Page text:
October 2021 Monthly Newsletter

All year, we have witnessed dedication.


TIST Farmers support each other through teamwork as they plant trees and share new Best Practices.  By listening to and learning from each other, they improve their farms, communities, and the global climate. 

When it comes to capacity building, TIST Farmers engage their whole community.  After attending trainings, farmers "go and do" what they have learned.  For example, after the training pictured above, some may choose to build nursery beds to guarantee access to seedlings.  By growing a variety of species, TIST Farmers increase food security and encourage one another to plant indigenous trees. 

Last month, we announced the Triple Gold certification of the TIST Program.  This achievement reflects how the important decisions TIST Farmers make, such as choosing a wide selection of seedlings for their nurseries and groves, directly benefit the local community, biodiversity, and the planet.

TIST Education Fund Update 

Learning from TIST Farmers 

In a recent survey, the majority of Ugandan Cluster Servants reported (1) offering trainings on the importance of planting different tree species to improve and sustain the biodiversity of the farm and surrounding area, (2) learning of many Small Groups that have been building and expanding their tree nurseries to support their own Small Group as well as their Cluster, and (3) hearing stories of Small Groups who used their carbon income to purchase more seedlings for their nurseries.

As the rainy season begins in many parts of East Africa, TIST Farmers are preparing to plant the tens of thousands of seedlings they have raised in their nurseries.  Because TIST Farmers plant on their own land, Cluster Servants do not tell the farmers what types of trees to plant.  Instead, Cluster Servants and other TIST Farmers share Best Practices of what types of trees provide different benefits for the farm, the farmer's family, and the environment.    

Learn more on TIST's Learning Center

Community Impact Spotlight: Alaso Rose

Alaso Rose joined TIST in 2016 and has now helped to plant 620 trees as part of Aten Tree Planting Group and Arapai Cluster in Soroti District, Uganda. 

In Rose's grove, you will see mango, grevillea, avocado, fennel, and nut trees that all came from locally sourced seedlings.  By growing a variety of crops, Rose improves food security for herself and her community.  She explained that the tree benefits encourage farmers, especially at the community level, to plant trees.  They create additional benefits from the sales and savings of the fruit, nuts, and firewood products.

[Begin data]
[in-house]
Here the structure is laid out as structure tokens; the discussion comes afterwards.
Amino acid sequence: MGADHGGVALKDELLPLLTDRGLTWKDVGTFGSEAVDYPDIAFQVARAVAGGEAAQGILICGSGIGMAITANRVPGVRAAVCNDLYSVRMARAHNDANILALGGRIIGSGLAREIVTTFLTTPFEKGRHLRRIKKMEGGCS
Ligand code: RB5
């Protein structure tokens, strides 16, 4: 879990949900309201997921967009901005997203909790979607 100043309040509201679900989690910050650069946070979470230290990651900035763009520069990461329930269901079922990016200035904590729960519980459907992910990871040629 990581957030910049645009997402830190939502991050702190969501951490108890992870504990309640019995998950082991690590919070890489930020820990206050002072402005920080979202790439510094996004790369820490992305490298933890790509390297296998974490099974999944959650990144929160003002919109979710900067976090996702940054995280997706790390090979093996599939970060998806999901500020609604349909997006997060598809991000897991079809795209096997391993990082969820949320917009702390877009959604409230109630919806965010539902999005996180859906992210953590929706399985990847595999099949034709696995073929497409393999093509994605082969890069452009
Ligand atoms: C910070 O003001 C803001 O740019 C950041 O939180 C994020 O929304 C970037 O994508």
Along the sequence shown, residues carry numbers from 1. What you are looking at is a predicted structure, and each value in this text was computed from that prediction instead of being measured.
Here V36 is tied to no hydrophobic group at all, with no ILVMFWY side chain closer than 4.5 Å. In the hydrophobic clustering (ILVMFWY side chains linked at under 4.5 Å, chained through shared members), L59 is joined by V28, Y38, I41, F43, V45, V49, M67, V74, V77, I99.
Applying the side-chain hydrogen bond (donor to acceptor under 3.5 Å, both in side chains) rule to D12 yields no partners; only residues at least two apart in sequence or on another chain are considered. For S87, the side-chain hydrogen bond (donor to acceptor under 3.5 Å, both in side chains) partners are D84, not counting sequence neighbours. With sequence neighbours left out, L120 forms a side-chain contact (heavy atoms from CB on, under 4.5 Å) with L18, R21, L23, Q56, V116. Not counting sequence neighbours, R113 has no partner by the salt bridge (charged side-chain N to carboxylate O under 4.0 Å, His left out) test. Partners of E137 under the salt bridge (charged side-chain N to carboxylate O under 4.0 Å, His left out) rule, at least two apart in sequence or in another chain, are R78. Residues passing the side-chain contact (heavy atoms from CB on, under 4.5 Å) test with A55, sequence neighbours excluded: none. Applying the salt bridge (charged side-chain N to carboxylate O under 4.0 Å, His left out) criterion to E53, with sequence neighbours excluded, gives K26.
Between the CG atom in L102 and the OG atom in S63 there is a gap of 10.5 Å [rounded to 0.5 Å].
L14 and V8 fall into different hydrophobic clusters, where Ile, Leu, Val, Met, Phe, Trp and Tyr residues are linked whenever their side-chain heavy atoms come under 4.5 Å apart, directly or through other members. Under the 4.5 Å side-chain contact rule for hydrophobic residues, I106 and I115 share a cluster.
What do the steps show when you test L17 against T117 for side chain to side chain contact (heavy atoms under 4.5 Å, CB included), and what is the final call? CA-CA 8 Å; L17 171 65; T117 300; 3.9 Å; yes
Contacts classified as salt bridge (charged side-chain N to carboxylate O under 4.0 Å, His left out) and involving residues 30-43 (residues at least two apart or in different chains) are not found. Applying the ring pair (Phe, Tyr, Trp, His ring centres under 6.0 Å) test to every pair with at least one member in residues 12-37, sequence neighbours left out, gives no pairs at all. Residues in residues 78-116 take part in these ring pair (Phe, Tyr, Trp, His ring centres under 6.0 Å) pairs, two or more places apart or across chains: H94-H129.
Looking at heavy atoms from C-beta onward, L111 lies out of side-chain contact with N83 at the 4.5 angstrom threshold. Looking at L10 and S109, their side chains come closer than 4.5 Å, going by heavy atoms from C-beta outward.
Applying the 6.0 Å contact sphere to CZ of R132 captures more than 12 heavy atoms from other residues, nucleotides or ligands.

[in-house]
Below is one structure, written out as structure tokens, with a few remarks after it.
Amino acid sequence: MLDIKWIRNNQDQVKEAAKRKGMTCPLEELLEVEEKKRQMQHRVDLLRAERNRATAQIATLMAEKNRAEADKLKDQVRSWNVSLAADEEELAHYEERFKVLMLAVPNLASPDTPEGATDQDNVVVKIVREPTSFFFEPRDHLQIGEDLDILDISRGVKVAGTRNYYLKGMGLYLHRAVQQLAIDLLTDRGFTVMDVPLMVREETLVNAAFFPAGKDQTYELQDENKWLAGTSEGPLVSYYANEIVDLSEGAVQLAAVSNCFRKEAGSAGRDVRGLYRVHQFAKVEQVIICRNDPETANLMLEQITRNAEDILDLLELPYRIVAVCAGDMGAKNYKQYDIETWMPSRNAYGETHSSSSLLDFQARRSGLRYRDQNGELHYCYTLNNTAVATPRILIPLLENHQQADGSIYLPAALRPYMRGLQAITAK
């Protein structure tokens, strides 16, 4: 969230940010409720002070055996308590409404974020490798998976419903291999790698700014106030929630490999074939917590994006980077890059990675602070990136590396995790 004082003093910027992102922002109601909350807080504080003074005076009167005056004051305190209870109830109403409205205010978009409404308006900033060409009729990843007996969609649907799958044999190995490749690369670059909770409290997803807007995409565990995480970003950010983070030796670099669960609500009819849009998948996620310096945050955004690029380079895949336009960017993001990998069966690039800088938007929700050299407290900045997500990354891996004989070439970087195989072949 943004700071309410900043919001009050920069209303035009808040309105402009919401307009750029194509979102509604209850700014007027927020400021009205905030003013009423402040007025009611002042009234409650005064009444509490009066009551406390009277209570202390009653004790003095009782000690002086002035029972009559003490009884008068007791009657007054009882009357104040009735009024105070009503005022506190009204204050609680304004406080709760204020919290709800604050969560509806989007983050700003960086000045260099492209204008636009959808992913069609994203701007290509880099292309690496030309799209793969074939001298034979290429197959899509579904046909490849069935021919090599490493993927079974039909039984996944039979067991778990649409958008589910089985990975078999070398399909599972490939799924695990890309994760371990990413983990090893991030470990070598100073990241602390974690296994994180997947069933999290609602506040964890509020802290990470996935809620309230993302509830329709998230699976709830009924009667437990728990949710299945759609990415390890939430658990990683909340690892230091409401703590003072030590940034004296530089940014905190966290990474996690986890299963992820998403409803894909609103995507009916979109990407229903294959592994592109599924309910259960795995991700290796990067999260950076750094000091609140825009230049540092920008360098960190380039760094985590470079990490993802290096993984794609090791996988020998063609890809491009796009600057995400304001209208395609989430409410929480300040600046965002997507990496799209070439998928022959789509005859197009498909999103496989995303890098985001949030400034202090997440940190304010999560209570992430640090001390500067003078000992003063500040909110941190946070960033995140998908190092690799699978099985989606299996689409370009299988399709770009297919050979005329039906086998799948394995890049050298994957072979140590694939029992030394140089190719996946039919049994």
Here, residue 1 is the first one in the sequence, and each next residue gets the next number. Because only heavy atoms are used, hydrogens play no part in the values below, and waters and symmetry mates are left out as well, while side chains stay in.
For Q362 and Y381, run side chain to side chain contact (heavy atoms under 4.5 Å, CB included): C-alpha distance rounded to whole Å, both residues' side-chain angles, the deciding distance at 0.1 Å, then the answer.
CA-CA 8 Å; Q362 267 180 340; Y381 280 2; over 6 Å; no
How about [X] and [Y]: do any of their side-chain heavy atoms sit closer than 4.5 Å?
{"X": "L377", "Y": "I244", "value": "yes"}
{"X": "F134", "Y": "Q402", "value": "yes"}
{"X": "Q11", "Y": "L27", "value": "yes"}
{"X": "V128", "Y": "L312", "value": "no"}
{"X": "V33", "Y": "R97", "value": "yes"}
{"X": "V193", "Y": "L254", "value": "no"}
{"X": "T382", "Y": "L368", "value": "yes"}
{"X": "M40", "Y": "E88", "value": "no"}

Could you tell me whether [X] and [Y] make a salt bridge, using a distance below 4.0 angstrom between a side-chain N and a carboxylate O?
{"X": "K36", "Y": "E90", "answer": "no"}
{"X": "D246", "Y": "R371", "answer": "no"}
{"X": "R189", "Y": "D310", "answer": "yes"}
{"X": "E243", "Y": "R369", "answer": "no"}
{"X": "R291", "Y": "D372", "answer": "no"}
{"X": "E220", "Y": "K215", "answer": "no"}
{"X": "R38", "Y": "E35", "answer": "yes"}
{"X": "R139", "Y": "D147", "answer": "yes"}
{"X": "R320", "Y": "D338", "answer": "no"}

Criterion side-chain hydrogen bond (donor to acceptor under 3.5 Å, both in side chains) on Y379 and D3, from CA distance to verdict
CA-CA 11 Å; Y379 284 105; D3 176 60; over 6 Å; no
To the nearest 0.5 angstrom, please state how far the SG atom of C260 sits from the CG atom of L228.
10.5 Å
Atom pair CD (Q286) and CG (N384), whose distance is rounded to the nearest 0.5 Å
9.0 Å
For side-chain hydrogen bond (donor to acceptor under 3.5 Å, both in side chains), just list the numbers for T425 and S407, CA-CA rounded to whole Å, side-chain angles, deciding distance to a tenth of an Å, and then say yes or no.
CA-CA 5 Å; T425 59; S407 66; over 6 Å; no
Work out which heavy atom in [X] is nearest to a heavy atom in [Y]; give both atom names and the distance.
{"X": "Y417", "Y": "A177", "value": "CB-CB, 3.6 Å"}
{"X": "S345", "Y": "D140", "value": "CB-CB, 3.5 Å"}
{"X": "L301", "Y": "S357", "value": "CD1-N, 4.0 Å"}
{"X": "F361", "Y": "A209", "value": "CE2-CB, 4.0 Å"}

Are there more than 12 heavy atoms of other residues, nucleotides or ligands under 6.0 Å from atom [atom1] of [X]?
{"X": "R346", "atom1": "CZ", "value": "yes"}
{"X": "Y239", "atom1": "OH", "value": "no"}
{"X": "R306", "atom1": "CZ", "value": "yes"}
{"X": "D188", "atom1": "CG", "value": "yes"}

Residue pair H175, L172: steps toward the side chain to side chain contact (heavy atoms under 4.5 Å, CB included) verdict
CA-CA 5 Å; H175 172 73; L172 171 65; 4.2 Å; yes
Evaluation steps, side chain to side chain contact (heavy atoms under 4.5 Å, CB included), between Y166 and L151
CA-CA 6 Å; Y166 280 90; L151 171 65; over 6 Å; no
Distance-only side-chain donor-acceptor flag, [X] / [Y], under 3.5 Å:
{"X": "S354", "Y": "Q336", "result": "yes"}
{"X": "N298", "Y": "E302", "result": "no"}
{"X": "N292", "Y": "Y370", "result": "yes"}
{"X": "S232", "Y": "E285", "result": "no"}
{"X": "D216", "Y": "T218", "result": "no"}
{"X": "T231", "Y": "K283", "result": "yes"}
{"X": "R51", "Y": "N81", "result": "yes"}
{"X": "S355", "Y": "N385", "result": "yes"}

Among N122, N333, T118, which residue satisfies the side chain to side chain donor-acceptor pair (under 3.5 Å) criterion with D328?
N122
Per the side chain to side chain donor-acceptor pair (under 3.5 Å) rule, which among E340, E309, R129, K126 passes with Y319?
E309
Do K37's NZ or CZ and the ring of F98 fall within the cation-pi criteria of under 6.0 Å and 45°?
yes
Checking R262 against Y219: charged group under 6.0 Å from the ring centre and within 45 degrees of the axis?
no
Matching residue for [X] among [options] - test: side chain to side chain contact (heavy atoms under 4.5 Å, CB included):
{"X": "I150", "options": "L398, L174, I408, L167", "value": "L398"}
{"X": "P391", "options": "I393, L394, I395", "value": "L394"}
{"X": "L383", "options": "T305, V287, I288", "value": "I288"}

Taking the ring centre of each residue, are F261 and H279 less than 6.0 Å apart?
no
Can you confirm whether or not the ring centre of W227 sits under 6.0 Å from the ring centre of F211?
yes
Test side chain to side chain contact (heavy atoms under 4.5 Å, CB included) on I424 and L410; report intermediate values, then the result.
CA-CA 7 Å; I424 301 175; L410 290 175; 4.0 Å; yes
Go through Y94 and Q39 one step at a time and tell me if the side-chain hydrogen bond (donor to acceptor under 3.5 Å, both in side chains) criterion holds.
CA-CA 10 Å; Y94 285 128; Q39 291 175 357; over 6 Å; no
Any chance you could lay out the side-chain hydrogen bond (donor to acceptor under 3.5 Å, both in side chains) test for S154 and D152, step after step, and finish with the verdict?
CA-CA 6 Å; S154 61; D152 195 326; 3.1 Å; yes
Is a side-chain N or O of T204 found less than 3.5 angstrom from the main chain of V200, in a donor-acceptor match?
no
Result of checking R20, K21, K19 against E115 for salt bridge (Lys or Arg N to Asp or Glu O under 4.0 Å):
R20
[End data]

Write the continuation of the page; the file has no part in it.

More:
Rose participates in many trainings with her Small Group.  She shared that now they are composting on their own lands, creating boundaries with tree planting, and cultivating seedlings with their own nursery beds.  As she continues to look after her grove, Rose looks forward to attending more trainings.  Capacity building is of great importance to her, and she hopes to see it extend further into the community. 

What to expect at COP26? 

After a two-year delay, the United Nations Framework Convention on Climate Change ("UNFCCC") will hold its 26th Conference of the Parties ("COP") in Glasgow over the next two weeks.  COP26 was postponed last year due to the pandemic and many important decisions have yet to be made on how the Paris Agreement will be implemented.

As background, the COP serves as the formal meeting of the Parties to the UNFCCC that seeks to stabilize greenhouse gas concentrations in the atmosphere at a level that would prevent dangerous man-made interference with the climate.

  • Some famous COPs include Kyoto (COP3, which established the Kyoto Protocol), Marrakesh (COP7, the Marrakesh Accords), and Paris, (COP21, the Paris Agreement).
  • The COP serving as the meeting of the Parties to the Paris Agreement ("CMA") oversees the implementation of the Paris Agreement.

At COP24, the Parties agreed upon a "rulebook" to implement most of the Paris Agreement. However, the Parties failed to agree upon the rules that would govern carbon trading under Article 6 of the Paris Agreement.  At COP25, the Parties still could not reach consensus on the key carbon market questions.  Everyone has had to wait to learn how the Parties will design the carbon markets that will help countries achieve their emission reductions.

Because TIST Farmers earn 70% of the profit from the sales of carbon credits on carbon markets, the TIST Team is paying close attention to the negotiation of these rules to see whether we can find new opportunities to support TIST Farmers!  

Regardless of the outcome from COP26, TIST Farmers will continue to plant trees and secure significant economic and social benefits for themselves, their families, their communities, and the planet.

On October 20, 2021, Kenya lifted the nationwide dawn-to-dusk curfew that has been in place since March 2020.  President Uhuru Kenyatta reported that infection rates had fallen, but they "are not out of the woods and must therefore continue to observe the containment measures."  He increased the capacity limits of churches and other religious institutions to two-thirds, although everyone should continue following COVID protocols.

Kenya has a population of about 54M, of which only about 4.5M people have received one dose of the COVID vaccine.  President Kenyatta announced that "it is now time to shift our focus from survival to co-existing with the disease," as he encouraged enhanced vaccination efforts.

TIST Farmers continue to meet as Small Groups and in their monthly Cluster Meetings to receive training and carbon income and to share Best Practices.  Cluster Servants report that farmers are following the COVID protocols at the meetings, including washing hands, wearing masks, and not shaking each other's hands.

Please help us provide COVID protection to TIST Farmers!  

Take care,